- The absolute use of Standard Arabic by experts and academics on television: Actually the suggestion was to “force” television programmes to use Standard Arabic, which can be a very hard goal to attain especially if television producers and writers should have a choice of what language(s) their programmes air in. If this rule is imposed and adhered to, it means that anybody appearing on television interviews or the like will have to speak in formal Arabic. A form they do not use in their everyday communication, for some people it may be hard and for others it may be inauthentic. To implement these laws is always so difficult because some speakers will interpret that as a way of controlling how they speak and perhaps even what they (should) mean. Some have suggested that different genres of TV should be required to use different types of Arabic (as I think they do so now), so news, documentaries and the like should use FuSHa (Standard Arabic. Whereas, other shows could be free to use a form of Standard Arabic but mix it with Spoken Arabic.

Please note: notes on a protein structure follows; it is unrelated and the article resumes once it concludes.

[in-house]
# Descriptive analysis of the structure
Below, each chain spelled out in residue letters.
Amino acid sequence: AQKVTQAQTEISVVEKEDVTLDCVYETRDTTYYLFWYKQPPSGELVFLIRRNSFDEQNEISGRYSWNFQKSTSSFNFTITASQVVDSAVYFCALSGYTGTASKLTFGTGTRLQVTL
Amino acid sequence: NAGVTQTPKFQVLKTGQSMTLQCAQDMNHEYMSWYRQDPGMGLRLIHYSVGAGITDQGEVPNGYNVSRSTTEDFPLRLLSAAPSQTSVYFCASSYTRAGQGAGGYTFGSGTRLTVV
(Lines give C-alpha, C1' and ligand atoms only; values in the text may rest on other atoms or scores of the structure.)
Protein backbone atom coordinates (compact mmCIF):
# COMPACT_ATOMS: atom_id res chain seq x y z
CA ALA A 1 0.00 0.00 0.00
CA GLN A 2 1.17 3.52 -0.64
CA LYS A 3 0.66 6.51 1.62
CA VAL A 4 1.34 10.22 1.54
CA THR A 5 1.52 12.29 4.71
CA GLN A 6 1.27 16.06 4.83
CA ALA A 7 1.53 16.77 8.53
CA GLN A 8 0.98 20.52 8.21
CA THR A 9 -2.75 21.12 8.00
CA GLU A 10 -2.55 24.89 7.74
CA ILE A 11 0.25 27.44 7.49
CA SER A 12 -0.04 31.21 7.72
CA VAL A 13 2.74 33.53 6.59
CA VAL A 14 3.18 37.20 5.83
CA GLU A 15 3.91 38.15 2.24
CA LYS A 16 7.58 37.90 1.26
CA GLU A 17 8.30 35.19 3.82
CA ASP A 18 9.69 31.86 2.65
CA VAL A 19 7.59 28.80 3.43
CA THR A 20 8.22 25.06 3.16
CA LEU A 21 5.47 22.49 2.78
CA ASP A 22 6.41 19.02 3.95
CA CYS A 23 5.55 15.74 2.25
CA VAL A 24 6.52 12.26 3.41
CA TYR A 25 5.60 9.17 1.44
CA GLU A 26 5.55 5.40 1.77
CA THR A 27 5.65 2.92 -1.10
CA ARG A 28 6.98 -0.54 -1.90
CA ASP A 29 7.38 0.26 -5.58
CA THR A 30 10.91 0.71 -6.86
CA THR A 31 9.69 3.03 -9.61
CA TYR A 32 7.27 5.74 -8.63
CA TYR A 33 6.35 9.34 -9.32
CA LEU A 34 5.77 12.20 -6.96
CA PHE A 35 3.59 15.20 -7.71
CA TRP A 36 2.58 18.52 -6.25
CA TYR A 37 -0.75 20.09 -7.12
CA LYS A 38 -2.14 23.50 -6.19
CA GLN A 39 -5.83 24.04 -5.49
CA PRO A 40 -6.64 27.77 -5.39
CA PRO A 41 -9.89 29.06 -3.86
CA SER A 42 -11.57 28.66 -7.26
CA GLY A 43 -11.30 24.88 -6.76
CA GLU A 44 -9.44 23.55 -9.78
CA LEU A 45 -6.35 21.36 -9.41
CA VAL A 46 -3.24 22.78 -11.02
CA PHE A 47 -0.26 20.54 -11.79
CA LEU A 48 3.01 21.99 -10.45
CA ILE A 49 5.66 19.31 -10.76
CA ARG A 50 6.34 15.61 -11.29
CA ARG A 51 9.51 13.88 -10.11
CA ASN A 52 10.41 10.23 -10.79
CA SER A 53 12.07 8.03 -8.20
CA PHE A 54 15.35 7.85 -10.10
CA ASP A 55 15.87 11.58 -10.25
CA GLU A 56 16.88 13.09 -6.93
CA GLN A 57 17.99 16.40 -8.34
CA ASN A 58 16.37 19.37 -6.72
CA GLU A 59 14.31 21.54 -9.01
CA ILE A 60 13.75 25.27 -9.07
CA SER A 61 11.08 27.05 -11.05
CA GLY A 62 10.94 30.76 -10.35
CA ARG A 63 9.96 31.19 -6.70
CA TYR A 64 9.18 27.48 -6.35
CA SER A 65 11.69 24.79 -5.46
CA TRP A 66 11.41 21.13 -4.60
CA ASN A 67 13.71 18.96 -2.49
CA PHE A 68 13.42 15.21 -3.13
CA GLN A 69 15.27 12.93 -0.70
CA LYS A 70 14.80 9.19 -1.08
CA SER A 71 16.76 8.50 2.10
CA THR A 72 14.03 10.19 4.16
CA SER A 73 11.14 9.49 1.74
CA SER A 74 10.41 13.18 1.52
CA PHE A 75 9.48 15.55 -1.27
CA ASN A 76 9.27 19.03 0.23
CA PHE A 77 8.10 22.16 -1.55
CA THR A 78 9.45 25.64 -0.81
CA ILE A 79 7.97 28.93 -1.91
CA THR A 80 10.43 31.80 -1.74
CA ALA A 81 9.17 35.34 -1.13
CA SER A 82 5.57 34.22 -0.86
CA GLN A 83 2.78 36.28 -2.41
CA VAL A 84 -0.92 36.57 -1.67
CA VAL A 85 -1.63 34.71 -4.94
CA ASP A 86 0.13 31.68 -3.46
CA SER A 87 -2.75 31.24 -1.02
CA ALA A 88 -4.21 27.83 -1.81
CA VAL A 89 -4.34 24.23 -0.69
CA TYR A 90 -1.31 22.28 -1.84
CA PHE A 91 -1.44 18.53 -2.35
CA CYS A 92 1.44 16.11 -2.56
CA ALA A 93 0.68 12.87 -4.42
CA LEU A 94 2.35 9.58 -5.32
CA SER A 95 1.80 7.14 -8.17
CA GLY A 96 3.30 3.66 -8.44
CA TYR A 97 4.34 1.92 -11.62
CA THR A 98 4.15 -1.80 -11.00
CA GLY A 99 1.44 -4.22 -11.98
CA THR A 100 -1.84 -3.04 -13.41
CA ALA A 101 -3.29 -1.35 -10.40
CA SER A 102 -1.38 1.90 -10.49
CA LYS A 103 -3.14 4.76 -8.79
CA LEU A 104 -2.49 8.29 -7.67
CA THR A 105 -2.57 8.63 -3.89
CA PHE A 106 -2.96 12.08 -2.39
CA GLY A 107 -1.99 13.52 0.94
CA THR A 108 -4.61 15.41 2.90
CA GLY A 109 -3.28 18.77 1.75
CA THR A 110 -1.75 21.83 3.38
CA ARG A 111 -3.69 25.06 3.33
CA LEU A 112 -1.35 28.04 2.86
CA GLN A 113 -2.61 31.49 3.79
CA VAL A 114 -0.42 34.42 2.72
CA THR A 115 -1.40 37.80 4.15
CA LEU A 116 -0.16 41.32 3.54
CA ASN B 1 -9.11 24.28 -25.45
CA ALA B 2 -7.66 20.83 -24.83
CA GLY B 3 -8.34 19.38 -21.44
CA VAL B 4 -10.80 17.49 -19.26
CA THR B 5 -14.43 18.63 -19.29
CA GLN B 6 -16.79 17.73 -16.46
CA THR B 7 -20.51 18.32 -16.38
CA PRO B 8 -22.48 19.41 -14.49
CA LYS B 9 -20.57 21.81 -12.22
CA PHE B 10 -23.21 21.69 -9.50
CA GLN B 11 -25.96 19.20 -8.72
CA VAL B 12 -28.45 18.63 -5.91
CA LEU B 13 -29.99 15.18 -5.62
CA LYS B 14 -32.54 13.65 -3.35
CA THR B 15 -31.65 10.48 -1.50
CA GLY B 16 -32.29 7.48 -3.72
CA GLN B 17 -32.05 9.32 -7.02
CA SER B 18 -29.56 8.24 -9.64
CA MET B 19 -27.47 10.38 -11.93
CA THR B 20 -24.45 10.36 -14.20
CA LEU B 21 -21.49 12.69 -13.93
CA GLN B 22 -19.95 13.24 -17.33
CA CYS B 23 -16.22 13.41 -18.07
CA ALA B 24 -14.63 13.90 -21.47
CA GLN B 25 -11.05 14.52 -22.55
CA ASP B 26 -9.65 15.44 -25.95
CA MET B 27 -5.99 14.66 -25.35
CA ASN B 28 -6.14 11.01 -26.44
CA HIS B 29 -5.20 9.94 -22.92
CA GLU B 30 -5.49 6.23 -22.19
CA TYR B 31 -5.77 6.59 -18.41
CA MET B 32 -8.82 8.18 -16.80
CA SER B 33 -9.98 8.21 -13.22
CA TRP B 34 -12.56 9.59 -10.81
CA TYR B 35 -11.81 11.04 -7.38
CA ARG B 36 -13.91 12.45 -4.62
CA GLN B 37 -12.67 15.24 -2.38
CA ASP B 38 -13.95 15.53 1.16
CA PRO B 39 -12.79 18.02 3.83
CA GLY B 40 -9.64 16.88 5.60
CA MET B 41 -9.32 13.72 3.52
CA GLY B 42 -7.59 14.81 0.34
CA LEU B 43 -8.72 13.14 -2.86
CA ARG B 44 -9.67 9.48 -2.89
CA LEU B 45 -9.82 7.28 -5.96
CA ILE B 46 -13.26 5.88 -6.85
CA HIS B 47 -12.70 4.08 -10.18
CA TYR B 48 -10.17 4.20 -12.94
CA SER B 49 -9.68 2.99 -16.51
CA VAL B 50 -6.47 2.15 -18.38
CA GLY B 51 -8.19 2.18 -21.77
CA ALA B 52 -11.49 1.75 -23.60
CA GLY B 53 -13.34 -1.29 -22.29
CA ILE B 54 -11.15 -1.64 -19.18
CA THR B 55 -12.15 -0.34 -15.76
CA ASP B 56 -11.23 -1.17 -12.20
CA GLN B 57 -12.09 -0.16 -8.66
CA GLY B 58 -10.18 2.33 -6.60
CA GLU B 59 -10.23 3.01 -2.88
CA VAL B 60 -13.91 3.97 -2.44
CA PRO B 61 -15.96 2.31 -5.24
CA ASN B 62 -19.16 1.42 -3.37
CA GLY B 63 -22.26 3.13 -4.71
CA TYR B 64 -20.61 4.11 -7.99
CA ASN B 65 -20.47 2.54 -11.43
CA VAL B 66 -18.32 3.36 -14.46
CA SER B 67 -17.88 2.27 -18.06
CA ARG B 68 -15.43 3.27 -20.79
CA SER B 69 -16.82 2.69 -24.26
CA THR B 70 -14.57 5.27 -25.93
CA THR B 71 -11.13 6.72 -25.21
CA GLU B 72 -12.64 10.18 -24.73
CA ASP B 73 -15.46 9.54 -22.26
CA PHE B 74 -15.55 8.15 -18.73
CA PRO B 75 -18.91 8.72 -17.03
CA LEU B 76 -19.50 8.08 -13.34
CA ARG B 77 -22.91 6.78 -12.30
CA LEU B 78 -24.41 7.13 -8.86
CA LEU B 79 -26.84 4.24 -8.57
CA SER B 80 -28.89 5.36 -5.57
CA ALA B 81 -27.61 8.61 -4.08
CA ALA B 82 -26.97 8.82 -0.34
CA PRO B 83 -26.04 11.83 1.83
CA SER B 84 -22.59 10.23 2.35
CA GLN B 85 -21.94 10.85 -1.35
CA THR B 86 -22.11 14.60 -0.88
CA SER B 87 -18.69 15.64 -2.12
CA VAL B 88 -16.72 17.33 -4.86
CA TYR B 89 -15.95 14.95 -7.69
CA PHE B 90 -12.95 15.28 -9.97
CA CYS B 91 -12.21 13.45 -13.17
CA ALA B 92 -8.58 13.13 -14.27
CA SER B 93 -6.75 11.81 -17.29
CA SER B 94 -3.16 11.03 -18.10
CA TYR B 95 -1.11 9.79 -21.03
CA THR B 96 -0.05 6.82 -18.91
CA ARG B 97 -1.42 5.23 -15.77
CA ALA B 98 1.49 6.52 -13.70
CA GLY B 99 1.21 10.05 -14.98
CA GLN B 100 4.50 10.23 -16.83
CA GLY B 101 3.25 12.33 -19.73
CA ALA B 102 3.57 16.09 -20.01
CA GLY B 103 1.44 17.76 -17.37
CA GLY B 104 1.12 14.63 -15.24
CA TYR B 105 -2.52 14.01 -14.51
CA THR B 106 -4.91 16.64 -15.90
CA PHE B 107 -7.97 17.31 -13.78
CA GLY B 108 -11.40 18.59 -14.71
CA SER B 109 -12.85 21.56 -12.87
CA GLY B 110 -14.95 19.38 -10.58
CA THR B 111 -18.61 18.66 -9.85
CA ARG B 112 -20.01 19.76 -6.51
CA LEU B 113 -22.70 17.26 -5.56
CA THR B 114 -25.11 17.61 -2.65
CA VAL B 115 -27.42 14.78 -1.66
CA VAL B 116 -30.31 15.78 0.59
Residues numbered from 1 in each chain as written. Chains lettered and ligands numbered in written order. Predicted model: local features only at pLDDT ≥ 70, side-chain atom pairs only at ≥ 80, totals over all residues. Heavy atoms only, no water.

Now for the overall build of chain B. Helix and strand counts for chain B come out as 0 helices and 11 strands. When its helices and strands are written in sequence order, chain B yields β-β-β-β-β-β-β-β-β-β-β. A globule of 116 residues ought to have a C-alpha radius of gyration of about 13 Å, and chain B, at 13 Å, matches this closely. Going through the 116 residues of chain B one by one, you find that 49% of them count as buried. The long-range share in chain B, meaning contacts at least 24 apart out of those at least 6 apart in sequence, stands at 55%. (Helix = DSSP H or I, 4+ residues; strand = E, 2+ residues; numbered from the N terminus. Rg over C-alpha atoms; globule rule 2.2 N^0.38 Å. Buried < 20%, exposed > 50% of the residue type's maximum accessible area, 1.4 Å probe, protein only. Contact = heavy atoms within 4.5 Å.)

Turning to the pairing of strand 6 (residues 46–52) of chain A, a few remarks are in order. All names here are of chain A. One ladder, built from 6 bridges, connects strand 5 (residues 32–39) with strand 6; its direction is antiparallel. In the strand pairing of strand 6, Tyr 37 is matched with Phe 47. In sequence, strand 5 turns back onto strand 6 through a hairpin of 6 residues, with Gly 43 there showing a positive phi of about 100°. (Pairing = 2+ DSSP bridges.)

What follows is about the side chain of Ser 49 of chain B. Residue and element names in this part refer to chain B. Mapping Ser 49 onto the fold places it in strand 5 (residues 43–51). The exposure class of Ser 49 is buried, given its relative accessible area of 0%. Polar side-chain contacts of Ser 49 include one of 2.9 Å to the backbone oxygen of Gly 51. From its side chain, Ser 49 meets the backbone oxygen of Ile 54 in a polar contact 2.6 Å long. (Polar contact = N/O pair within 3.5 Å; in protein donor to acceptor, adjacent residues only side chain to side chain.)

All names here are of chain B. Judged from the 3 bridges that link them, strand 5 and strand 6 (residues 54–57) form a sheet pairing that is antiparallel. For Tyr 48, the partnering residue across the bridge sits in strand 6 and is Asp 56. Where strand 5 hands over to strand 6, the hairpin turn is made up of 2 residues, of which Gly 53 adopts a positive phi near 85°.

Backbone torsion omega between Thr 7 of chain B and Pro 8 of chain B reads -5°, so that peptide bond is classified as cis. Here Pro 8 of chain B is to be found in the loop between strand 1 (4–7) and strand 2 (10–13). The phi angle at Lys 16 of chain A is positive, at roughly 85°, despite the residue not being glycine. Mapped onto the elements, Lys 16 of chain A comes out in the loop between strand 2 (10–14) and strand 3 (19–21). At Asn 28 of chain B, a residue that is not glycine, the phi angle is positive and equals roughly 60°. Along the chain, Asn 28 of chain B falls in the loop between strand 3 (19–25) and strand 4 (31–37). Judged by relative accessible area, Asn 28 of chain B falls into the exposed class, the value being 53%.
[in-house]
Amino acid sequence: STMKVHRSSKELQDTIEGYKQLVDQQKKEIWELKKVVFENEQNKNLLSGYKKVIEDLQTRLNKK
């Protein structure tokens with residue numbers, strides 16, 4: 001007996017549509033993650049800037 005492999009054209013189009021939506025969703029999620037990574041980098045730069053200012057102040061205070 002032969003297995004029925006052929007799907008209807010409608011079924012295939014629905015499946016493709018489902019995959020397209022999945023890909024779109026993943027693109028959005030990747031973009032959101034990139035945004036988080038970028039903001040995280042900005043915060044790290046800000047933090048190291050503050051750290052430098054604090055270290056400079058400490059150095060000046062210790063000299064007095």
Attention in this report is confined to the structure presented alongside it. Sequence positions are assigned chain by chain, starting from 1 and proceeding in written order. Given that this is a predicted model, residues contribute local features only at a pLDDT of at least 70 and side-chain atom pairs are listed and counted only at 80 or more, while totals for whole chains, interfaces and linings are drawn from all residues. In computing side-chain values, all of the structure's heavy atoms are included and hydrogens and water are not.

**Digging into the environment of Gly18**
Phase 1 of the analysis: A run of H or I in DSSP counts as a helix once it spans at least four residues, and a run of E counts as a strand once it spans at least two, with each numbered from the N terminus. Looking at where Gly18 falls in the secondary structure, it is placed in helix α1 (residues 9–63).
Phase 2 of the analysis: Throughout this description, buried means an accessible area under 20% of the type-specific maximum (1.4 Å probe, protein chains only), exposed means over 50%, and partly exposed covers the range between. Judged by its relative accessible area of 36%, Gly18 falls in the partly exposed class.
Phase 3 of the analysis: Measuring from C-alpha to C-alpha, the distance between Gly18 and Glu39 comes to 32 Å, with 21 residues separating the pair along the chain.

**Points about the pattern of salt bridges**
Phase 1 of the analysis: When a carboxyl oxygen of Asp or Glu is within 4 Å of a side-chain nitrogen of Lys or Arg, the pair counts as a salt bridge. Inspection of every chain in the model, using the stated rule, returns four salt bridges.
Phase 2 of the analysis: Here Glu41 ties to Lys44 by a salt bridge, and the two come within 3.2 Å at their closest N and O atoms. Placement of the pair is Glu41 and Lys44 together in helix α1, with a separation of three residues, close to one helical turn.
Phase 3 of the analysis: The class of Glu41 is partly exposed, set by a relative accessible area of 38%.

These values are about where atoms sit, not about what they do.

- The coming together of scholars, intellectuals, and other important figures to promote the use of the Arabic language: Anyone who works in language revitalisation, language planning or language curriculum planning would agree with this. It isn’t just the coming together, there has to be some unification and uniformity in the decisions that are made. Difference of opinion in grammar is not a bad thing and anyone who has studied Arabic enough knows that there have always been opinions and camps when it comes to Arabic grammar. But in all that difference of opinion there was a uniformity which is perhaps missing today. The other factor to think about is that globalisation and technology have definitely played a huge role in changing the way native speakers learn Arabic today. Arabic was once the language of enlightenment and technology of the day and so native speakers of Arabic, like native speakers of English today, did not have to work hard to learn the language. It was everywhere, it was the language everyone learned in order to access knowledge. Today the language of education and technology is English, and so speakers of Arabic have to learn English in order to access that knowledge. The challenge therefore is to strike a balance between learning English for advancement and contribution to the world and mastering their mother tongue the Arabic language. The Arabic language which carries the rich, complex and fascinating culture and world view of their forefathers. It’s not easy, but it’s not impossible.